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The Speech of Angels

3.53  ·  Rating Details  ·  129 Ratings  ·  12 Reviews
Published 2004 by Harper Collins (first published January 1st 2003)
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190th out of 747 books — 2,115 voters
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Jun 04, 2014 Shreya rated it really liked it
Shelves: finished
A poor girl named Jyoti is growing up on the streets of Mumbai. When all of a sudden she is rescued by an affluent Western couple,they take her to Germany but there she finds herself as an outsider but soon finds herself adapting to the orderly, middle-class English way of life, to school, and to rules and regulations hard. But she still sometimes finds herself misfit in the Western world but her rare musical talent makes her famous. Words might never be easy for her but music flows from her. Th ...more
Rebecca Stonehill
Nov 16, 2014 Rebecca Stonehill rated it it was amazing
This was the first book of Sharon Maas's that I have read and I was hugely impressed and can't wait to read her other novels, especially 'The Small Fortune of Dorothea Q' which is to be published shortly. This novel starts with the fascinating premise of a young girl living in a Bombay slum who is chanced upon by a Western couple who decide they want to adopt her and take her away from India. They do so, but it is the cost of doing this that the novel deals with so well as the young girl grows a ...more
Aug 02, 2011 Jo added it
i agree with most of the reviews here - it does start really well, but near the end especially it loses essence it is a lovely fairy tale for modern times, the central character jyothi is rescued from a life in the bombay slums (making me think of slumdog millionaire) by two well-meaning westerners and follows her life until she is brought back to her roots...her lifestory brought to mind a russian doll with successive layers encasing previous experiences - the happy child in an I ...more
Mar 22, 2010 Simran rated it it was amazing
Not your average rags-to-riches story!

The Speech of Angels captures the vivid sights, the cacophony of sounds and the pungent smells of the darkest backstreets in Bombay, India, while taking you to the elite and elaborate dwellings in Germany and London in the same breath.

Her writing style excites the reader and draws them into a world, which may be different from their own, yet allows them to wholly relate to the story and empathize with the characters portrayed. It is a book that cannot easily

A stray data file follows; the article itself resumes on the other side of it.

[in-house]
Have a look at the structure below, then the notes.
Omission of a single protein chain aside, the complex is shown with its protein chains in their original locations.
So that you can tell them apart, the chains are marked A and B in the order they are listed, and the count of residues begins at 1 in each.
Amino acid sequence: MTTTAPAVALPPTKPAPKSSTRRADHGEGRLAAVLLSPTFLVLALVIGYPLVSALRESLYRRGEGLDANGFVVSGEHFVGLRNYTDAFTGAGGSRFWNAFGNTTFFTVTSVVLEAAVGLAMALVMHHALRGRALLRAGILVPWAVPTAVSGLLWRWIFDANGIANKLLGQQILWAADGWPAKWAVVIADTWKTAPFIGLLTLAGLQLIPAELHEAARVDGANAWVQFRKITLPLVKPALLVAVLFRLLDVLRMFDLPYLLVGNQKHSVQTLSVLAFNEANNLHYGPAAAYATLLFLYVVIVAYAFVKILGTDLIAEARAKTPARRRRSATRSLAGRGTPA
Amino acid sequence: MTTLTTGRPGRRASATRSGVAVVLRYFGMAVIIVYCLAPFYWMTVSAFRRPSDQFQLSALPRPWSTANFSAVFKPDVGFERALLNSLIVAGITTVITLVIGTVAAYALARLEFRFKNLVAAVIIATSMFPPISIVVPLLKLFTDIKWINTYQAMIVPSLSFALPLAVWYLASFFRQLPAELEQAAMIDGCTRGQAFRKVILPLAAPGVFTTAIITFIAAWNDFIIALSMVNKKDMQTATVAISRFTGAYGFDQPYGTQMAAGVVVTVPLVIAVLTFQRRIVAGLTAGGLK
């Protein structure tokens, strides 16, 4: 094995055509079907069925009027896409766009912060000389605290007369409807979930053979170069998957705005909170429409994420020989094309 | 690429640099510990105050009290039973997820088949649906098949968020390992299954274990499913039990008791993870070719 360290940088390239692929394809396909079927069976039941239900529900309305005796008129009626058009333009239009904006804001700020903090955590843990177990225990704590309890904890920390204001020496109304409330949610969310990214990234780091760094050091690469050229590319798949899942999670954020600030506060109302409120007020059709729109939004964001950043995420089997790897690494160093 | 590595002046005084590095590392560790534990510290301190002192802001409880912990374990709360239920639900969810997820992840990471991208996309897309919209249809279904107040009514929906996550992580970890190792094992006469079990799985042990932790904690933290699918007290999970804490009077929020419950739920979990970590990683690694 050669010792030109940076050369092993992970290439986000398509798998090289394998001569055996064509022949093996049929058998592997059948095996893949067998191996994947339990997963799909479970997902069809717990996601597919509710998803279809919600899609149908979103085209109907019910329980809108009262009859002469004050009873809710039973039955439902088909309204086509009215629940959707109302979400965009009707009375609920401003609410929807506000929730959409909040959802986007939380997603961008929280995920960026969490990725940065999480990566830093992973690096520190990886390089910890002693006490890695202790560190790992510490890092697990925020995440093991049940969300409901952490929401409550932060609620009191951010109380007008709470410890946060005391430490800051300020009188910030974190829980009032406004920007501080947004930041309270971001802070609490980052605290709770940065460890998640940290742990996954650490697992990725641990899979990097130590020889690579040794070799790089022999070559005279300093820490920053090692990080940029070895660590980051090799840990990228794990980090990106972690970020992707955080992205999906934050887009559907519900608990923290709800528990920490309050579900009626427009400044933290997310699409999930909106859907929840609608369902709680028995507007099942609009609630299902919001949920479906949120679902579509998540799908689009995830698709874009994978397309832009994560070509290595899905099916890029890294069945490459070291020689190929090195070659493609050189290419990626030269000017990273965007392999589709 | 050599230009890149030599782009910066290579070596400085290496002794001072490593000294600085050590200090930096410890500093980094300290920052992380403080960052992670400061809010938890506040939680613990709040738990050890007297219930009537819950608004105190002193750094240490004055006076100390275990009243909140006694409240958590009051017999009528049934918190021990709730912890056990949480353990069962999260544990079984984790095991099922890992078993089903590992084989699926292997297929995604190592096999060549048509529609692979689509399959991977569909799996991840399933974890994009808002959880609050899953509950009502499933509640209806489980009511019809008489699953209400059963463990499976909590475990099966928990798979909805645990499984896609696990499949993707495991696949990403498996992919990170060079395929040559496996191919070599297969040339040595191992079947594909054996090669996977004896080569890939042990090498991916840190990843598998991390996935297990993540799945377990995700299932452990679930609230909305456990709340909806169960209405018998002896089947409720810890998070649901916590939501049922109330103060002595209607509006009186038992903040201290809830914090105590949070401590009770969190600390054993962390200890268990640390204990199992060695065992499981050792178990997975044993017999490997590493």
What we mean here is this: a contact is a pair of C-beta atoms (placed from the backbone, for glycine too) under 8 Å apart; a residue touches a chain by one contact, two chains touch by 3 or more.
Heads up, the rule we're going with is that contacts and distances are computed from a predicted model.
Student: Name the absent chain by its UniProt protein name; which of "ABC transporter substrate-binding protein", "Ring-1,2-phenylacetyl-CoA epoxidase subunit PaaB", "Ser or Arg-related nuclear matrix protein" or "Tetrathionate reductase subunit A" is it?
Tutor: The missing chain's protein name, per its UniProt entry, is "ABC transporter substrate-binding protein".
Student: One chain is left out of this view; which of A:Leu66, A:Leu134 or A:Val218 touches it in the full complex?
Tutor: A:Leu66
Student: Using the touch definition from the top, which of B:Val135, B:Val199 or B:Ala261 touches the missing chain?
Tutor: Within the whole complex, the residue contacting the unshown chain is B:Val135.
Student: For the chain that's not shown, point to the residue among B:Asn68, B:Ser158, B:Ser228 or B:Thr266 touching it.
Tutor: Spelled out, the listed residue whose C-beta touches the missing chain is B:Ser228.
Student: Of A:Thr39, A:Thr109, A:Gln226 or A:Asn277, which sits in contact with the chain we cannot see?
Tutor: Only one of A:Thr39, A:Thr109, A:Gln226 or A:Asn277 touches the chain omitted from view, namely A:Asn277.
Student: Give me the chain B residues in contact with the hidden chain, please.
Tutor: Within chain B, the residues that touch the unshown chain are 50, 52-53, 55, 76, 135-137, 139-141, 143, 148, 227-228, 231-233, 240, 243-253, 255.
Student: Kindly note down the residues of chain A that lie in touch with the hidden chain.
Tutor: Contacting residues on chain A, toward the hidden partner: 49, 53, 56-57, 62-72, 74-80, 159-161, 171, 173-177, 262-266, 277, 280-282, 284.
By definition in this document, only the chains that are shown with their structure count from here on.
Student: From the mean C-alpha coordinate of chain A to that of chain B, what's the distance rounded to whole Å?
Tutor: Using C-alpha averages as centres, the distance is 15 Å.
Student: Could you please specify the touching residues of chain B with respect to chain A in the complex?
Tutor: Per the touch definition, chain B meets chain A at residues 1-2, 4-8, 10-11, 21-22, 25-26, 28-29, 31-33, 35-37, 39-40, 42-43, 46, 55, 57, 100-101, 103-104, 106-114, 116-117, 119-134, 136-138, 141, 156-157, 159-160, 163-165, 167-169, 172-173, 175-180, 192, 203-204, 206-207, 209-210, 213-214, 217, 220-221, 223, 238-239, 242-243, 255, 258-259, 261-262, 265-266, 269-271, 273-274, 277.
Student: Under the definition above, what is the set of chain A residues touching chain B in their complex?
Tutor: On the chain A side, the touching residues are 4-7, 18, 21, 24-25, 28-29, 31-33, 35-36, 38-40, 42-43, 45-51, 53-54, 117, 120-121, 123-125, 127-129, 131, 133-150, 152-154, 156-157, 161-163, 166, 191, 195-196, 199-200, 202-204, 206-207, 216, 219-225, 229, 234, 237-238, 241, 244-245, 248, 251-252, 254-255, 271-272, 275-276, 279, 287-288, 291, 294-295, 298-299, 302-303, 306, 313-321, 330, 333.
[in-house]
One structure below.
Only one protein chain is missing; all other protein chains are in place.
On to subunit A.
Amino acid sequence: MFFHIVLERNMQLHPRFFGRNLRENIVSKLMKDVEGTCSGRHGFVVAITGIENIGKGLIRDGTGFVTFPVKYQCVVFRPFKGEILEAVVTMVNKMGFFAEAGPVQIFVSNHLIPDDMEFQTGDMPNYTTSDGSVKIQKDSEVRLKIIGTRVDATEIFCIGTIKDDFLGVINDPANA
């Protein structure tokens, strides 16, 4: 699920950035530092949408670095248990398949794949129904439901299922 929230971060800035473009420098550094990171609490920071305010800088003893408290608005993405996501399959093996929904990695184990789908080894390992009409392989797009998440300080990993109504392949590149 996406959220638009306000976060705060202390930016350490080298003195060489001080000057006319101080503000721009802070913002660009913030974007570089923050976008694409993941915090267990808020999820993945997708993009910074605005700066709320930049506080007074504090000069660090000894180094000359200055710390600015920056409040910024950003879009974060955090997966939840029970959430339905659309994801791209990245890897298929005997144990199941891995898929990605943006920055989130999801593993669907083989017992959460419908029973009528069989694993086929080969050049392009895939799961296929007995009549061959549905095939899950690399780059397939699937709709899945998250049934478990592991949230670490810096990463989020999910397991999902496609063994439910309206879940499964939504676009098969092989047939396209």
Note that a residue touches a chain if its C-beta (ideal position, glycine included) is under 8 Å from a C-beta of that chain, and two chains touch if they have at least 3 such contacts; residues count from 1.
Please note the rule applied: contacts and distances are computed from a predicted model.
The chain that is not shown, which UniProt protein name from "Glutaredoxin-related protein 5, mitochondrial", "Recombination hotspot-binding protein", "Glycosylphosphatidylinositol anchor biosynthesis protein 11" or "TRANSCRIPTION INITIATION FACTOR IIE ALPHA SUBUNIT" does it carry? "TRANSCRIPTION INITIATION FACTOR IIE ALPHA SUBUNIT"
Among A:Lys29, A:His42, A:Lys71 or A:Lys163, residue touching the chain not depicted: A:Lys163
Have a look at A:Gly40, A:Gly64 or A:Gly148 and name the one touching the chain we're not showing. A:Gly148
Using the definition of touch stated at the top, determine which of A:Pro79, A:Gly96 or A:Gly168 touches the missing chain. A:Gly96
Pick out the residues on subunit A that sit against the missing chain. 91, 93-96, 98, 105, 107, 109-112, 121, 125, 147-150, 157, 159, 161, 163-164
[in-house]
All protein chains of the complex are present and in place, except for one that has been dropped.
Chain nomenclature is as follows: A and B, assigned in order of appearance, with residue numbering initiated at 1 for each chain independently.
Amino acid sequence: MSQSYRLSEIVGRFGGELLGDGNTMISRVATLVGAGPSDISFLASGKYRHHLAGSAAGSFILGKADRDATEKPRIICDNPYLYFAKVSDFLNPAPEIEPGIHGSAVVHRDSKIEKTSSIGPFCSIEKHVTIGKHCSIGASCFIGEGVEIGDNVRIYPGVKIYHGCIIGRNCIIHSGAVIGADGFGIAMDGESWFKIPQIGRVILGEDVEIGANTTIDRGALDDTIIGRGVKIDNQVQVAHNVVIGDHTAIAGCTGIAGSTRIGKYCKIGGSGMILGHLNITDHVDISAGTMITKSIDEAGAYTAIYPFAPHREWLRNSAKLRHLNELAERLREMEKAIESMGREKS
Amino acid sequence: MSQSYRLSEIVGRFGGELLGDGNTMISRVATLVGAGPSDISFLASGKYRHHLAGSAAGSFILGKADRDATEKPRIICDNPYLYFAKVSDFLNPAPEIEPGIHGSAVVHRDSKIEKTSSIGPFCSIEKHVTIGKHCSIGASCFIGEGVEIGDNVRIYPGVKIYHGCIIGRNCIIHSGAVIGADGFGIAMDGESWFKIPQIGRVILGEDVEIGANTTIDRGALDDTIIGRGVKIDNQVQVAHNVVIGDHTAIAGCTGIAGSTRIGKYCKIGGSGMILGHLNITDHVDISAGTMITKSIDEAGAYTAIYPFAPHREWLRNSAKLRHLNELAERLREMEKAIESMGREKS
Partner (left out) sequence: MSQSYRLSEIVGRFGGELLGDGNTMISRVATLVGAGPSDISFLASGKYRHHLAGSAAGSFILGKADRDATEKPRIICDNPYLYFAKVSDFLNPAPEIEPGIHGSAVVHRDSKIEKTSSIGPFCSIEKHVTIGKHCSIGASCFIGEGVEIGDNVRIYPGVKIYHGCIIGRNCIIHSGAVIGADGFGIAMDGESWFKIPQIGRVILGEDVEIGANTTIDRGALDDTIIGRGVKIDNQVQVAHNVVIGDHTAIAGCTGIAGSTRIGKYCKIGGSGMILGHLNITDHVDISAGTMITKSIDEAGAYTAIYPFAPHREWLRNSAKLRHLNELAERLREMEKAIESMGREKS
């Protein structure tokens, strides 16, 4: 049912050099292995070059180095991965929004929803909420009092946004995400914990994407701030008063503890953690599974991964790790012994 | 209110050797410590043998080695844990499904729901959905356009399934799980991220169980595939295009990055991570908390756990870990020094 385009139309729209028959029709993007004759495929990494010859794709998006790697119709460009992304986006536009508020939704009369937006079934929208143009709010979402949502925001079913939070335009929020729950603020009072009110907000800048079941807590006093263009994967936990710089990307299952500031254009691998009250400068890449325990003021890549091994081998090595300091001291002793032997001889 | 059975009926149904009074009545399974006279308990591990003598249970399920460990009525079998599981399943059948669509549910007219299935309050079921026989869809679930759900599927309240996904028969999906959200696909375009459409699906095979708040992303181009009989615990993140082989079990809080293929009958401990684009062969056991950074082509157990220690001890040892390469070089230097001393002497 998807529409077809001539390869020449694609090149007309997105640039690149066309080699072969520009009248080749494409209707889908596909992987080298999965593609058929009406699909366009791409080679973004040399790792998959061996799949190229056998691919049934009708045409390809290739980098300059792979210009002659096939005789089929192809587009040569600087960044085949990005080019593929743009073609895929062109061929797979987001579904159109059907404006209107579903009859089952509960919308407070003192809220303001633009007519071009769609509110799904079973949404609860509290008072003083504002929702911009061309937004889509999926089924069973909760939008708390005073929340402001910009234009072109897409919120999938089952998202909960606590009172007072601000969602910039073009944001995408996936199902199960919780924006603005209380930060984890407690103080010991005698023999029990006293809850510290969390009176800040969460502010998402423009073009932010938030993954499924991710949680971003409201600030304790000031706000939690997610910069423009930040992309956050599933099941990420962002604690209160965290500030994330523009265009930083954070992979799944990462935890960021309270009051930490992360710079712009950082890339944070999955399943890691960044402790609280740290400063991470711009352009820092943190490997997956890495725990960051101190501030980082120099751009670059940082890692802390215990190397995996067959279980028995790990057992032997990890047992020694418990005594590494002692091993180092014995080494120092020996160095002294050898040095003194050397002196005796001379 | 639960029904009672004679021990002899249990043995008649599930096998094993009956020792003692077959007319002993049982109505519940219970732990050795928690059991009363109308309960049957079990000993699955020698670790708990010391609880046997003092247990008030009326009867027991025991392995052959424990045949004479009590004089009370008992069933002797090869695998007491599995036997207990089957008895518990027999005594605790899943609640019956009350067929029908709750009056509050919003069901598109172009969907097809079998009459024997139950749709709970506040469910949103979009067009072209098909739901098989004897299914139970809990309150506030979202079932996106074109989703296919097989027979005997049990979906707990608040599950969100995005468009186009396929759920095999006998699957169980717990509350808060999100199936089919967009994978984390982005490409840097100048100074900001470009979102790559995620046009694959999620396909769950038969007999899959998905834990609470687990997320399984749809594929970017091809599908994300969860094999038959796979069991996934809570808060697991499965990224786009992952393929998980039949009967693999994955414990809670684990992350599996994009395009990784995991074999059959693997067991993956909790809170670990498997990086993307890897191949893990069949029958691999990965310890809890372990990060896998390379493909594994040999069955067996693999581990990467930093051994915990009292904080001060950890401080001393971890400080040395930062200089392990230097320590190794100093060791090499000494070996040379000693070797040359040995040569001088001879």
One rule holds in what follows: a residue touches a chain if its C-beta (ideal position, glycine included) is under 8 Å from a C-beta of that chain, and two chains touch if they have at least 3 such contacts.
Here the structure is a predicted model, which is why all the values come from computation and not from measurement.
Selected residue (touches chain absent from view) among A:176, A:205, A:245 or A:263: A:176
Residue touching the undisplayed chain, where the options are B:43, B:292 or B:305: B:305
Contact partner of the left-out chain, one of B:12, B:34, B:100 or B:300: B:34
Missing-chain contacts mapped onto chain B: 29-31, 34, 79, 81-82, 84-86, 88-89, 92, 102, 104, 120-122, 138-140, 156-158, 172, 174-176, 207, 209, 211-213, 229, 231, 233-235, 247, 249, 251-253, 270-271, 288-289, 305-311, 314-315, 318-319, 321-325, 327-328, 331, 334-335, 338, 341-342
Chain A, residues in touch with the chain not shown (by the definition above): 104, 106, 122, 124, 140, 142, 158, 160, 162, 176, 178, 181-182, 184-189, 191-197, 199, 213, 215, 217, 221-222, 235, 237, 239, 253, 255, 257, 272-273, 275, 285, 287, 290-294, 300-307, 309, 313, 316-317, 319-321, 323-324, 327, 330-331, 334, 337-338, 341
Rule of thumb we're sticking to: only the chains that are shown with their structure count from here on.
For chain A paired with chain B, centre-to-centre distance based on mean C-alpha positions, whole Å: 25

Nicole Zimmer
Apr 04, 2016 Nicole Zimmer rated it it was amazing
This is one of my favorites! A beautiful story and so well written. Had a difficult time putting this book down. A street child from Bombay India is adopted by a Western Couple. It's a facinating journey through India and you witness the many challenges involved in the adoption process and the raising of a third world child. The girl "Jyothi" has a difficult time adapting to her new life and it is only through music that she finds herself and becomes and international star.
Some interesting quot
Jul 13, 2010 Bachyboy rated it it was ok  ·  review of another edition
I really wanted to like this; had a lovely cover and was partly set in India. However I found it annoying at times and the characters just didn't really appeal to me. A German couple adopt a young Indian girl virtually off the roadside and she later becomes an accomplished violinist.
Sep 15, 2012 Norah added it
Recommends it for: a friend
Recommended to Norah by: Sue Brown
I found this novel very sweetly written, but underlying the sweetness was an insight into the possibility of doing good with the best intentions, not understanding the possible long-term psychological effects on the subject. Here is something I copied from Amazon:

Jyothi is growing up on the streets of Bombay when she is rescued by an affluent Western couple, their contribution to the starving of India. But she soon finds adapting to the orderly, middle-class English way of life, to school, and
Perry Whitford
Jan 27, 2016 Perry Whitford rated it did not like it  ·  review of another edition
Its title taken from a Thomas Carlyle quote about music, the story starts when a five year old daughter of low caste hears a sitar playing in the house of the family her parents serve, a sound like a "soul welling with wonder".

A life long passion is formed in that moment, but it takes a mixture of tragedy and good fortune for the young Jyothi to realise her musical dreams, a rags to riches tale that moves from the slums of India to the concert halls of the world.

Jack and Monika are a young coup
Jul 14, 2015 Christy rated it really liked it
I just want to finish reading it, this book really envolved me, I like it so much. It made my mind blow up!
Christel Lim
Jun 11, 2010 Christel Lim rated it liked it
I read it quite a few years ago and I can't remember if it was that good or bad. So 3 stars.
May 02, 2008 Tania rated it liked it
Shelves: fiction
Not as good as "Of marriageable age" or even "Peacocks dancing" but still a very good read
Sep 22, 2008 Judy is currently reading it  ·  review of another edition
So far very enjoyable and and an easy read. Want to keep turning the pages.
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Sharon Maas was born in Georgetown, Guyana in 1951, and spent many childhood hours either curled up behind a novel or writing her own adventure stories. Sometimes she had adventures of her own, and found fifteen minutes of Guyanese fame for salvaging an old horse-drawn coach from a funeral parlor, fixing it up, painting it bright blue, and tearing around Georgetown with all her teenage friends. Th
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